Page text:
You summarized your views in one sentence in the National Catholic Register (Nov. 22, 1992): “In hell you make an eternal ash of yourself.” That’s cute, but we can’t imagine that that would put the fear of God into any immoral atheist for that’s pretty much what he expects. He’s made his wager, he’s had his fun, and in his view he comes out ahead. While you affirm the existence of something called Hell, we agree with Pakaluk that you “empty” it of its “content.”

You say in your letter that the NOR “attacked two…of the best warriors on our side” and that we are therefore “playing into the strategy of our Enemy.” Well, since you mention the Enemy: It is our opinion that the Enemy would be quite pleased with the gobbledygook Caldecott wrote and delighted with Neuhaus’s ruminations on behalf of a Hell devoid of human occupants (it’s been said that the Enemy’s cleverest wile is to convince men that he doesn’t exist; so imagine how thrilled he’d be to hear Christians asserting that no one goes to Hell!).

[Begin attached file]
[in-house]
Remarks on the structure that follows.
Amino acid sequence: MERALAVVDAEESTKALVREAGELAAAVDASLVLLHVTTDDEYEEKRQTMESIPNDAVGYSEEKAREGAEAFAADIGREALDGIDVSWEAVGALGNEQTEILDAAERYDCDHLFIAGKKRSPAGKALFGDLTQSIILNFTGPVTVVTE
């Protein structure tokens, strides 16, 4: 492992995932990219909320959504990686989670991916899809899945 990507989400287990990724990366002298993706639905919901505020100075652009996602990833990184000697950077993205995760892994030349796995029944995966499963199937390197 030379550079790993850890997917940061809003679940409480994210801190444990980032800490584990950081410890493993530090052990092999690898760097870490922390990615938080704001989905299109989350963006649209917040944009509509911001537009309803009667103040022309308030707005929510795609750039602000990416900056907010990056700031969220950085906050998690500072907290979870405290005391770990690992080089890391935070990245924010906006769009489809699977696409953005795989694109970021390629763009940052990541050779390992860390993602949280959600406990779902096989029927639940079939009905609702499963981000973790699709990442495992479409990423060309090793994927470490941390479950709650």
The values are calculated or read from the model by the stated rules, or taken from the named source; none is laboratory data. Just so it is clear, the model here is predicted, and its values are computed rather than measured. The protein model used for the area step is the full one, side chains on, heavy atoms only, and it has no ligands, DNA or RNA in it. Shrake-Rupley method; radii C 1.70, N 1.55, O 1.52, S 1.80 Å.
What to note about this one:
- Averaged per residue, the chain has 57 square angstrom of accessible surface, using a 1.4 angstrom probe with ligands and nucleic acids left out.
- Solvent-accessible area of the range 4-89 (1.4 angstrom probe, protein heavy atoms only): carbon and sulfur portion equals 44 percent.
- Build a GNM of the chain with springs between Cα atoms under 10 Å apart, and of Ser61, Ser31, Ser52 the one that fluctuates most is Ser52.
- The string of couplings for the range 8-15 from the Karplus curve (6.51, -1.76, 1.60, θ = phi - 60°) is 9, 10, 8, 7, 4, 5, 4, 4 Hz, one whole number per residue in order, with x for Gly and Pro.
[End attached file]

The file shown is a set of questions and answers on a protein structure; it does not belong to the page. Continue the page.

Caldecott’s article on evangelization pooh-poohed the prolife cause. Our article on Neuhaus was a response to his prior attack on the NOR. We trust you have already written Caldecott and Neuhaus, rebuking them for, as you put it, “introducing…’civil war’ division into the ranks of Christ’s warriors.”




The Bible Names People Who Are in Hell